Is Online Test-Monitoring Here to Stay?
against five proctoring companies, arguing that they illegally collect students’ personal data. On December 3rd, six U.S. More recently, several students in Illinois have sued their institutions for using the software, alleging that it violates their rights under a state law that protects the privacy of residents’ biometric data. senators sent letters to Proctorio, ProctorU, and ExamSoft, requesting information about "the steps that your company has taken to protect the civil rights of students," and proof that their programs securely guard the data they collect, "such as images of [a student’s] home, photos of their identification, and personal information regarding their disabilities." (Proctorio wrote a long letter in response, defending its practices.) On December 9th, the nonprofit Electronic Privacy Information Center submitted a complaint to the attorney general of D.C.
(Harvard urged faculty to move toward open-book exams during the pandemic; if professors felt the need to monitor students, the university suggested observing them in Zoom breakout rooms.) Since last summer, several prominent universities that had signed contracts with Proctorio, including the University of Washington and Baylor University, have announced decisions either to cancel or not to renew those contracts. Several institutions, including Harvard, Stanford, McGill, and the University of California, Berkeley, have either banned proctoring technology or strongly discouraged its use.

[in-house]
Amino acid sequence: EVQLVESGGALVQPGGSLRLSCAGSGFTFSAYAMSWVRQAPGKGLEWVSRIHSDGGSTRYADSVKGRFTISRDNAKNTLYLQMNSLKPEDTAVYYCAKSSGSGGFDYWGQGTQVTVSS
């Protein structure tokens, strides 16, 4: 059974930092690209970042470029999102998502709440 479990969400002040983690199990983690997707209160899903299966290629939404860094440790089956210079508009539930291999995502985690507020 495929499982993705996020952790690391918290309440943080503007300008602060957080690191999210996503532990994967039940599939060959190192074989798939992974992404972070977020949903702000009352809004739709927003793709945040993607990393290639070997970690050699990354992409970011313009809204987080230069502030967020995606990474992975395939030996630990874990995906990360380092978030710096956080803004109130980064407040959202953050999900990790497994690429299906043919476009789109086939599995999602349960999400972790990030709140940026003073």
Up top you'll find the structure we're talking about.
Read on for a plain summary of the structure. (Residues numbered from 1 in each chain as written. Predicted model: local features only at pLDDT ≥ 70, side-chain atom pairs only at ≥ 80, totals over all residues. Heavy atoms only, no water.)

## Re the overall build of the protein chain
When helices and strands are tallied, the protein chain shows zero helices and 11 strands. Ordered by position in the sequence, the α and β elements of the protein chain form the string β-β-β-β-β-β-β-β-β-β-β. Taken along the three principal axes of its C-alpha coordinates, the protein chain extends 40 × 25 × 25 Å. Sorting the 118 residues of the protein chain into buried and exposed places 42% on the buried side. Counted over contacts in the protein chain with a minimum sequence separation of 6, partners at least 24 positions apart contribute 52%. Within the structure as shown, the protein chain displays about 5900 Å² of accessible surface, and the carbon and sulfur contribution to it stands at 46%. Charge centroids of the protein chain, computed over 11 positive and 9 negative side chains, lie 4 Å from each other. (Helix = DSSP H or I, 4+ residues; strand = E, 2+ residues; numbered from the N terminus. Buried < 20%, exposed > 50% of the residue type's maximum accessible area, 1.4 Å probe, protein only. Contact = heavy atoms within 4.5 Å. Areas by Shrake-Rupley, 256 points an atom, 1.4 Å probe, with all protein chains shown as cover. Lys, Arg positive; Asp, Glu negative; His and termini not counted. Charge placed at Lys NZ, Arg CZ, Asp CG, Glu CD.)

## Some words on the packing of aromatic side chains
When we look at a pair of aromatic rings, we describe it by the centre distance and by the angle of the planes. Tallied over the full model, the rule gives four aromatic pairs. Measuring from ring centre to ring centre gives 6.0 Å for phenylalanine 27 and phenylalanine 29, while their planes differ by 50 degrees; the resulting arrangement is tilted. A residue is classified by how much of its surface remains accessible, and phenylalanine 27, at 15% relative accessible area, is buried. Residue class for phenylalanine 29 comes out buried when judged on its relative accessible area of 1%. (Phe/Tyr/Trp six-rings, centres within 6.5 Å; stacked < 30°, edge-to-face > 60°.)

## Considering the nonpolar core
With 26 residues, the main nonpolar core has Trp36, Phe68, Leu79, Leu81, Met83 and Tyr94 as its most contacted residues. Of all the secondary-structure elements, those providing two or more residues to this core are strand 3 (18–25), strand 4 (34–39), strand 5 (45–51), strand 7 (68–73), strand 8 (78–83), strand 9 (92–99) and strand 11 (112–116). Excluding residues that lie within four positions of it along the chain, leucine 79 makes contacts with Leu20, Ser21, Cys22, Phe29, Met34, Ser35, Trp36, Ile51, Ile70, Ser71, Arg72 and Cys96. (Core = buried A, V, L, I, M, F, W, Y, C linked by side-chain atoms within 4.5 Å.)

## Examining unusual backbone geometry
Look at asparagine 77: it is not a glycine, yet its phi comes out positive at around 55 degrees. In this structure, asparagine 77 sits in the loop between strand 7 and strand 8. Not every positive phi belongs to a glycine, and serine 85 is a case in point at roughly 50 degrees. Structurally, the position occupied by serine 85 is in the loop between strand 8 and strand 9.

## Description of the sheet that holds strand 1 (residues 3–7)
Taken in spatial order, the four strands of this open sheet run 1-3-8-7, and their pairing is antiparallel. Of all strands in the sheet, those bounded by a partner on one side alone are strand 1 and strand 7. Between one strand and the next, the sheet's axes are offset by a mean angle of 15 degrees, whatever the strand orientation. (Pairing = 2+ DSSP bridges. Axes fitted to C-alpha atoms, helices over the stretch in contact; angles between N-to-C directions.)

"They have committed to paying for these services for a long time, and, once you’ve made a decision like that, you rationalize using the software." (Several universities previously listed as customers on Proctorio’s Web site told me that they planned to reassess their use of proctoring software, but none had made determinations to end their contracts.) Meanwhile, rising vaccination rates and schools’ plans to reopen in the fall might seem to obviate the need for proctoring software.
But some universities "have signed multi-year contracts that opened the door to proctoring in a way that they won’t just be able to pull themselves out of," Jesse Stommel, a researcher who studies education technology and the editor of the journal Hybrid Pedagogy, said. His dread of the software only increased after he was kicked out of an exam when a roommate dropped a pot in the kitchen, making a clang that rang through their apartment.
"I feel like I can’t take a test in my natural state anymore, because they’re watching for all these movements, and what I think is natural they’re going to flag," he told me. So I don’t know if it’s seeing things that aren’t there because of the pigment of my skin." "I had to try to calm down," he said. (Proctorio says that its software does not expel users from exams for noise.) By the time his professor let him back into the test, he had lost a half hour and his heart was racing.